• “We conclude that pulmonary stretch receptor information is capable of relieving air hunger; chest wall afferent information probably has a weaker effect. There is some information from animal experiments that suggests this inhibition takes place at a level above the medullary respiratory centers, but below the cortex (Figure 3).”

Banzett 2007 Fig 3 air hunger

Figure 3. Neural pathways underlying air hunger. Proposed pathways for relief of air hunger by tidal inflation are shown by right hand arrows.

Professor: Please note that Air Hunger symptoms can be experimentally dissociated from reports of uncomfortable respiratory Work or Effort.

Chest Tightness

Student: And I have exercise-induced asthma that really makes me fight for breath.

Professor: Lansing et al. (2009) state:

  • “‘Tightness’ appears to be specific to bronchoconstriction and is the earliest symptom of asthma.
  • “Asthmatics report descriptors such as ‘my chest feels tight’ or ‘my chest is constricted’ localized to the chest or lungs.
  • “Tightness is not the only sensation reported in asthma; asthmatics also report work and air hunger during severe attacks.”

Professor: Banzett (2007) summed up the possible bronchoconstrictor mechanism for chest tightness:

“That the pathway for tightness [may also well be] vagal in origin (Figure 5).”

Banzett 2007 Fig 5 tightness

Figure 5. Neural pathways underlying tightness.


Student: Look at the three Figures from Lansing et al. (2009). They indicate feedback going to the forebrain sensory areas.

Professor: Very interesting! Let’s look into the studies of “corollary discharge conveying a copy of the medullary respiratory center discharge to the sensory areas of the forebrain.

Student: How about the emotional dimension of chest tightness and other breathing symptoms?

Professor: Okay.

Take Home Message:  Uncomfortable breathing is reported as a mismatching of signals from ventilatory drive or airway with the resulting ventilation or discomfort memory,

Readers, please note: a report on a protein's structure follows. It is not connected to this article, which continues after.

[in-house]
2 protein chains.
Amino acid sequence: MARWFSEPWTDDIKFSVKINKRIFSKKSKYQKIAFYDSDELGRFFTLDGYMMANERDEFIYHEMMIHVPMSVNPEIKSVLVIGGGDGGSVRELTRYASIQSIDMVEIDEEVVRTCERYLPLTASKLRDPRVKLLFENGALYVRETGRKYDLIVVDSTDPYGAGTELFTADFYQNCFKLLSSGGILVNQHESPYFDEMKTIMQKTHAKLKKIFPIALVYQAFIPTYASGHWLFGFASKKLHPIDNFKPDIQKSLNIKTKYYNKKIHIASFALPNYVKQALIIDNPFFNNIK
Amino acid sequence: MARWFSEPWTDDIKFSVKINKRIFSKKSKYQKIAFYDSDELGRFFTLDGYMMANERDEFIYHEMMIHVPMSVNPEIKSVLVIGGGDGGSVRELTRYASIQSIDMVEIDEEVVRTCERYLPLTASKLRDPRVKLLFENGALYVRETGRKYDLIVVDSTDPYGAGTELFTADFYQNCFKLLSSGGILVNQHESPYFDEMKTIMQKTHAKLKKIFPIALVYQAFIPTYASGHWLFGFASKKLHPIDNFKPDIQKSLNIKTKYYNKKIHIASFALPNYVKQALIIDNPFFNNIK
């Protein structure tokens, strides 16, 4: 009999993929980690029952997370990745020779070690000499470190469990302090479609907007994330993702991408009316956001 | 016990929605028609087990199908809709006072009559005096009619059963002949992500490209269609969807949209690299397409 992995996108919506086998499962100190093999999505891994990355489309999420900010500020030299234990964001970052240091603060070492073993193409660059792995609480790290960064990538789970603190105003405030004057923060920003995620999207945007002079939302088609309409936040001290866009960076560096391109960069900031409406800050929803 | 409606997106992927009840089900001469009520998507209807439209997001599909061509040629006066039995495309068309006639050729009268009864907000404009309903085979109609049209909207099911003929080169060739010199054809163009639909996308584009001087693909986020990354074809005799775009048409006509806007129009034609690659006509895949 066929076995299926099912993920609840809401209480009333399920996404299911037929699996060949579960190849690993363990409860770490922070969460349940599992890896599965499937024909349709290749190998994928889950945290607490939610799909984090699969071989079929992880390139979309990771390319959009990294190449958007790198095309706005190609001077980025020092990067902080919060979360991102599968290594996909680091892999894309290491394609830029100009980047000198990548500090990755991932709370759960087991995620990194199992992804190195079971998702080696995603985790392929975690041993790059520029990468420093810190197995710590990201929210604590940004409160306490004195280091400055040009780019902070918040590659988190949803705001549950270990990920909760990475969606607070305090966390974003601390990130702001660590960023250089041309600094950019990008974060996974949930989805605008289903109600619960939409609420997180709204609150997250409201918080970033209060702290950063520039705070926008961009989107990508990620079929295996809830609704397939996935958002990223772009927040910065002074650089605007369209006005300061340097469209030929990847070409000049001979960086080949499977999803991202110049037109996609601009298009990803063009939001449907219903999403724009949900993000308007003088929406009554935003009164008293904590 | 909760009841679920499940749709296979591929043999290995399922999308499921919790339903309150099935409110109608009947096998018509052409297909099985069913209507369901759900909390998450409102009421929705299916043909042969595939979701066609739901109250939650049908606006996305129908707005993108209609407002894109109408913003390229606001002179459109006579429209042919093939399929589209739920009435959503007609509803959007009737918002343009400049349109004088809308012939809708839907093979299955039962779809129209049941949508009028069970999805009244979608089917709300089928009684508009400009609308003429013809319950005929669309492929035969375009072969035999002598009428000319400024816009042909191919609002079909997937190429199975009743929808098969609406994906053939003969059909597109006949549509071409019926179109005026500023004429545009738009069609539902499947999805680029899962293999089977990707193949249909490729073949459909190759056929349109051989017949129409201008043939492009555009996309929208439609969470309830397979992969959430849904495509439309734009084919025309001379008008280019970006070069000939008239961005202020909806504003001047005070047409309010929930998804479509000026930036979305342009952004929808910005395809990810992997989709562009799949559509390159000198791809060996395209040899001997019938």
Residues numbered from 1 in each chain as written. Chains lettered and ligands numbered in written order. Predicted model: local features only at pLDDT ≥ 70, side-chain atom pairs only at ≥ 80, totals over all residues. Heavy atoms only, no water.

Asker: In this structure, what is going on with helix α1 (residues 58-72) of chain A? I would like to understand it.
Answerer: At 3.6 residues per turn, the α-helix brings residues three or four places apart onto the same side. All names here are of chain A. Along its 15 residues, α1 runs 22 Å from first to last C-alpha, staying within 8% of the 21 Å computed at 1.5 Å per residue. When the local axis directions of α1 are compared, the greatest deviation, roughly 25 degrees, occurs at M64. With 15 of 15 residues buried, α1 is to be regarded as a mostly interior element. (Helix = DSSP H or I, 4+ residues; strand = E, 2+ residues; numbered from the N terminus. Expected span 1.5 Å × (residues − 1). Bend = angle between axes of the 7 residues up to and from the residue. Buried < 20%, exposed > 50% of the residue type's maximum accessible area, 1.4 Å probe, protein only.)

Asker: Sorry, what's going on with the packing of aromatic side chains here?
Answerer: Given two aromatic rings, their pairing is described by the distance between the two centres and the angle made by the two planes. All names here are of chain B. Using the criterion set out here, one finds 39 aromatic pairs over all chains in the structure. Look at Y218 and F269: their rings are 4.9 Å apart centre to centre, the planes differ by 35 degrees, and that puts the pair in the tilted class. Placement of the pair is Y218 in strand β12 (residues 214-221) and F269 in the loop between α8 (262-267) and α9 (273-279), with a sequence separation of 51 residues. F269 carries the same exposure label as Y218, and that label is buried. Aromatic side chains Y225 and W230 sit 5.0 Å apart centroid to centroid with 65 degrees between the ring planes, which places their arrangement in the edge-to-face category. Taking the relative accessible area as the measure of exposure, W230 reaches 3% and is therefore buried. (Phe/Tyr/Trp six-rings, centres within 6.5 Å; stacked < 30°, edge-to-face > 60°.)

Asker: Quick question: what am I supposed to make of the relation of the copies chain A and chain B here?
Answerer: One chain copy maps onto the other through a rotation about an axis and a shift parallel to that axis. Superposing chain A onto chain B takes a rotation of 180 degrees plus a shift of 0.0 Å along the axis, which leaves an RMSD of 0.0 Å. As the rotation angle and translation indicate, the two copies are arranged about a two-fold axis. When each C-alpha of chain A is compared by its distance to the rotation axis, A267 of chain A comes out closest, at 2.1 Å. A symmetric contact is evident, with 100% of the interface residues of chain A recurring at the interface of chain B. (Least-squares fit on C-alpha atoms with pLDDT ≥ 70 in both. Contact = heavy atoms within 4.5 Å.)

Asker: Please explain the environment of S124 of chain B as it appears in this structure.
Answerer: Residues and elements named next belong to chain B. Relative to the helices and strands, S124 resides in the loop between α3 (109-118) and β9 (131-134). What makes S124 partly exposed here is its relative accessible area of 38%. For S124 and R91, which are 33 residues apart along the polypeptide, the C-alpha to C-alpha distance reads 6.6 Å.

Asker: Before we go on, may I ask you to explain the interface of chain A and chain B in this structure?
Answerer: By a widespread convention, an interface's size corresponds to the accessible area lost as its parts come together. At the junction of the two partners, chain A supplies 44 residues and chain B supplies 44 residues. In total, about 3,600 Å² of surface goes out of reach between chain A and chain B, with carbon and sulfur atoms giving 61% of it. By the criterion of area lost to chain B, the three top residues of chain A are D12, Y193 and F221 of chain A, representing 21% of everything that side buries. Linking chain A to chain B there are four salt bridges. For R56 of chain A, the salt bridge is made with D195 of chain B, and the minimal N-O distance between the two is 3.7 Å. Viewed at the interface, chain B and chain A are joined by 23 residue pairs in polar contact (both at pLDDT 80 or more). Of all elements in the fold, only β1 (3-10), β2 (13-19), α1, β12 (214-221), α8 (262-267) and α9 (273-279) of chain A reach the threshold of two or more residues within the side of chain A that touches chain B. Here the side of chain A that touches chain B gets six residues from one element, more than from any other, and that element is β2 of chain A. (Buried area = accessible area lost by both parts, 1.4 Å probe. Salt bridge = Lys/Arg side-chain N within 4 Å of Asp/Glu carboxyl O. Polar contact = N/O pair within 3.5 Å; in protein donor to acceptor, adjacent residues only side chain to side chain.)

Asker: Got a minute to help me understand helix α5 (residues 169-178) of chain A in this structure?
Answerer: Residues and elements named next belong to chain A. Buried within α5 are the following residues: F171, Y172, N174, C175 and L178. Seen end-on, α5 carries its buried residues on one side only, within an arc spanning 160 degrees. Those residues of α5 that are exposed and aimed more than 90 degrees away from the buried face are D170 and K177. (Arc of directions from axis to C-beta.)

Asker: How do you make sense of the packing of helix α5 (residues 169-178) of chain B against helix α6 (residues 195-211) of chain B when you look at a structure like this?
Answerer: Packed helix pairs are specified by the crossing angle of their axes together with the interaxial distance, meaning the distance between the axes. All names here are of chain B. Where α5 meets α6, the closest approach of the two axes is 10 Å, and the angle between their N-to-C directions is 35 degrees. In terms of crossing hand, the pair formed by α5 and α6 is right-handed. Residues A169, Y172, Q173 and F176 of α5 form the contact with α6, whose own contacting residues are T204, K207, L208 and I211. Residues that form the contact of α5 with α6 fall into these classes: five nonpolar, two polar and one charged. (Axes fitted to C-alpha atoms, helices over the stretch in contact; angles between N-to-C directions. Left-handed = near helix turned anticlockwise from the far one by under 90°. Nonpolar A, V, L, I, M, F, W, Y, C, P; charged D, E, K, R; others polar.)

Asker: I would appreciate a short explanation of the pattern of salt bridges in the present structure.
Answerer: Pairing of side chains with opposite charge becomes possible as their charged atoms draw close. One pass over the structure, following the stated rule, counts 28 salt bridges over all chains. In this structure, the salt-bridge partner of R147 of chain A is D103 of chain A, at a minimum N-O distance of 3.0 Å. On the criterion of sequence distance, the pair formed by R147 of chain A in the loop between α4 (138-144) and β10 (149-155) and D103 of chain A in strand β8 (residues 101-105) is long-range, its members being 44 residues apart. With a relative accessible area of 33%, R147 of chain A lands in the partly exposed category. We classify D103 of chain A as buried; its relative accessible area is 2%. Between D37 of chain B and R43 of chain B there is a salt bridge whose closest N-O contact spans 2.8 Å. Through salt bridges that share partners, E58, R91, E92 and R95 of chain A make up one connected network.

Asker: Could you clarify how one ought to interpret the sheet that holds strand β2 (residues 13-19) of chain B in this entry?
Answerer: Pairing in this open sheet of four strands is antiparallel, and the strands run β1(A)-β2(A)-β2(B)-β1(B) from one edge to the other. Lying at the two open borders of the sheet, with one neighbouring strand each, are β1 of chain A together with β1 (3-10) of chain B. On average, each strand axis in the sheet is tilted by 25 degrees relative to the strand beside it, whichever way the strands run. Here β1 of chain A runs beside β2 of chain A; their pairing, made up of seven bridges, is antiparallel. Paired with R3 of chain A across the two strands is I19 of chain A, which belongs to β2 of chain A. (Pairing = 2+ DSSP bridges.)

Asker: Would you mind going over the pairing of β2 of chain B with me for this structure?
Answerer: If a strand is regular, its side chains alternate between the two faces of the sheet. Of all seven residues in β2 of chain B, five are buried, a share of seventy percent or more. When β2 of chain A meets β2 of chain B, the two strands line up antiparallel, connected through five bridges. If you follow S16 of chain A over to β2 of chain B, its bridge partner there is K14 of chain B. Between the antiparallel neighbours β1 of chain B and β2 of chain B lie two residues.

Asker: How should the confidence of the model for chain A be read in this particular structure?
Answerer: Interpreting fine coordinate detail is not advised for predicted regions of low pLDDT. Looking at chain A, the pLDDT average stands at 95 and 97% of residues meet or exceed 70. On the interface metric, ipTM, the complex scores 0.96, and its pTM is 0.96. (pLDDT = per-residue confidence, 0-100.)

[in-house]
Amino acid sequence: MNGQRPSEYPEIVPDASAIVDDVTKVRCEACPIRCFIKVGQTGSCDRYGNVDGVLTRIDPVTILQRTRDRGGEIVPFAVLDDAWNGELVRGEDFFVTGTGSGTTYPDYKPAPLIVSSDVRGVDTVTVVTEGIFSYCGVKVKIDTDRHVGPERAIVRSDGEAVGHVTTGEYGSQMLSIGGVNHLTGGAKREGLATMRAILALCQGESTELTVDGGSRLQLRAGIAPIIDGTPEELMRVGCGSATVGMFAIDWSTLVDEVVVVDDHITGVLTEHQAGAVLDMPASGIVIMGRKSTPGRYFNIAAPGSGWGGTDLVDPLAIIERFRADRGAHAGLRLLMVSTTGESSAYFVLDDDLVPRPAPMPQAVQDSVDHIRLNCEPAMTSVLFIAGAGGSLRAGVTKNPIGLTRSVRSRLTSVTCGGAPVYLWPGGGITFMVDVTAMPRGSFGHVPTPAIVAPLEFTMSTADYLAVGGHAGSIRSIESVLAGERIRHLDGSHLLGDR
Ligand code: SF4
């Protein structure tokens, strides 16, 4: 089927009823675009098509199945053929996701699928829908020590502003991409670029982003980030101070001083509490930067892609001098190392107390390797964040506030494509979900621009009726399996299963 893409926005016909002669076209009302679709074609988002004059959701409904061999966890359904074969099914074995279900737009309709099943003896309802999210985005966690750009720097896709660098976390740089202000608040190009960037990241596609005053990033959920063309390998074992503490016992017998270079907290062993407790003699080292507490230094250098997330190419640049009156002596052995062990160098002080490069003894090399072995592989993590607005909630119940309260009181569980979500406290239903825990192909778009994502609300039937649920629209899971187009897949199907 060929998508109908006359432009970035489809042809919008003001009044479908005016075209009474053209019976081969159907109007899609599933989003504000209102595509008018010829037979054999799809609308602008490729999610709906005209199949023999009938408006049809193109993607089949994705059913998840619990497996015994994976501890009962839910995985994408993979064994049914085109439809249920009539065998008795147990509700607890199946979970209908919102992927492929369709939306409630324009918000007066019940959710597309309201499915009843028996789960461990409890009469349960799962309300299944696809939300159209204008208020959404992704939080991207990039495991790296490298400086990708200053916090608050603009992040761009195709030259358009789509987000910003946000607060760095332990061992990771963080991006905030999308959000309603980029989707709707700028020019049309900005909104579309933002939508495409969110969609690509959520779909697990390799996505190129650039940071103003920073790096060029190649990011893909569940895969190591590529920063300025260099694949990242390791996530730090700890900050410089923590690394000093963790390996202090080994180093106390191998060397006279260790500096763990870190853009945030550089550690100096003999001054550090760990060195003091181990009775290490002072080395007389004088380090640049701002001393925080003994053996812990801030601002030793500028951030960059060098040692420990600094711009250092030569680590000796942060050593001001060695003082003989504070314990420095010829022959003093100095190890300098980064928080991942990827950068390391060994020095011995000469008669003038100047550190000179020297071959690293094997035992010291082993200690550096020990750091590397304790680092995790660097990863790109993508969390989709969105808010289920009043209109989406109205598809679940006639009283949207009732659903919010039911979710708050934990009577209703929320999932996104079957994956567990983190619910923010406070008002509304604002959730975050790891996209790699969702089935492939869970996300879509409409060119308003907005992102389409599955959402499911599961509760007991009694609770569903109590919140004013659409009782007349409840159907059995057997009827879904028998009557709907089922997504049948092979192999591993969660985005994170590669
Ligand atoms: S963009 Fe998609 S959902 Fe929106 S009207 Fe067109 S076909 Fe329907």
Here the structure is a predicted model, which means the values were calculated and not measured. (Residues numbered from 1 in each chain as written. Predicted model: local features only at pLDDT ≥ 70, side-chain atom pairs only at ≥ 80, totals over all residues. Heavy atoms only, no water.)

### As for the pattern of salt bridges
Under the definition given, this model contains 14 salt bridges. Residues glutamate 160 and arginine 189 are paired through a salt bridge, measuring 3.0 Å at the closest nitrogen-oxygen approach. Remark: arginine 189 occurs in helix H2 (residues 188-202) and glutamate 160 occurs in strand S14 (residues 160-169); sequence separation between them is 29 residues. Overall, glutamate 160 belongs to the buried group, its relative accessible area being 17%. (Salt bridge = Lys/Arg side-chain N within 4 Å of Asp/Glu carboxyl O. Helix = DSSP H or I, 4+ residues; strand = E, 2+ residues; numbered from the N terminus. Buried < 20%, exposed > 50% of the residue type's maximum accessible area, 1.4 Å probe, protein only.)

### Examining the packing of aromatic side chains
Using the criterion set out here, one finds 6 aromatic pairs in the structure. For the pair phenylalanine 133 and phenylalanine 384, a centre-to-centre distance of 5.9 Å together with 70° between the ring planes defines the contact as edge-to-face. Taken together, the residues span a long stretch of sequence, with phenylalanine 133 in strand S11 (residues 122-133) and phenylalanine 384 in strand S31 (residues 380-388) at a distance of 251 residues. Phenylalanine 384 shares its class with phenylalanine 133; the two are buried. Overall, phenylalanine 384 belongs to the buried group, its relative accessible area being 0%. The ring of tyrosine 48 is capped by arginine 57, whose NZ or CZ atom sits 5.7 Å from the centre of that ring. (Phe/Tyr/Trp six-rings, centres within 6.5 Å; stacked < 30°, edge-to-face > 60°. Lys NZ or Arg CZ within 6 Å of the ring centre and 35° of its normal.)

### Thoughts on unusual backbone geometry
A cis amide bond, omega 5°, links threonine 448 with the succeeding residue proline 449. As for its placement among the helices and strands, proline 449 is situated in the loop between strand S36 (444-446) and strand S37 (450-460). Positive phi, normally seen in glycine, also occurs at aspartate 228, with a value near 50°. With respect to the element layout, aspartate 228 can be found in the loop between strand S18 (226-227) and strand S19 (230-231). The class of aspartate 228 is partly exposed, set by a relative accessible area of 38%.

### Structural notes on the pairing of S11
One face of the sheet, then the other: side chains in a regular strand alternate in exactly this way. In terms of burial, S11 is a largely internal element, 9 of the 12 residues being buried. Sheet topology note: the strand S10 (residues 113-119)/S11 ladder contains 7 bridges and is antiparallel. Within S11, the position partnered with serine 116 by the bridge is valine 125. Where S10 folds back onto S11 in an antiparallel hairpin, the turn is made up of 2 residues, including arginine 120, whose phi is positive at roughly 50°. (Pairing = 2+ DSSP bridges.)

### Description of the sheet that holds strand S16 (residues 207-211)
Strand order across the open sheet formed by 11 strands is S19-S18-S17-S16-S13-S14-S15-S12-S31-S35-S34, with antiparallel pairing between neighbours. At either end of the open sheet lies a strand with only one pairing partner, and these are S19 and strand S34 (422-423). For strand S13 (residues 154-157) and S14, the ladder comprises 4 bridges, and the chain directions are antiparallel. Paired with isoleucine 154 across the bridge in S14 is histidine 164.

Next: Cortical and subcortical central neural pathways in respiratory sensations (Davenport & Vovk (2009) Resp Physiol Neurobiol 167: 72–86).


Banzett RB. (2007) The peripheral mechanisms of dyspnea. pp 150-151, In: O’Donnell DE, Banzett RB, Carrieri-Kohlman V, Casaburi R, Davenport PW, Gandevia SC, Gelb AF, Mahler DA, Webb KA. (2007) Pathophysiology of Dyspnea in Chronic Obstructive Pulmonary Disease: A Roundtable. Proc Am Thorac Soc 4: 145–168.

Davenport FW, Vovk A. (2009) Cortical and subcortical central neural pathways in respiratory sensations. Resp Physiol Neurobiol 167: 72–86.

Lansing RW, Gracely RH, Banzett, RB. (2009) The Multiple Dimensions of Dyspnea: Review and Hypotheses. Respir Physiol Neurobiol 30: 53–60.

Parshall MB, Manning HL, Bourbeau J, Calverley PM, Gift AG, Harver A, Lareau SC, Mahler DA, Meek PM, O’Donnell DE. (2012) An official American Thoracic Society statement: Update on the mechanisms, assessment, and management of dyspnea. Am J Resp Crit Care 185: 435-452.

Weiser PC, Mahler DA, Ryan KP, Hill KL, Greenspon LW. (1993) Clinical assessment and management of dyspnea. In: Pulmonary rehabilitation: Guidelines to success. 2nd edition. Hodgkin, J, Bell CW, eds. Philadelphia: Lippincott, 478-511.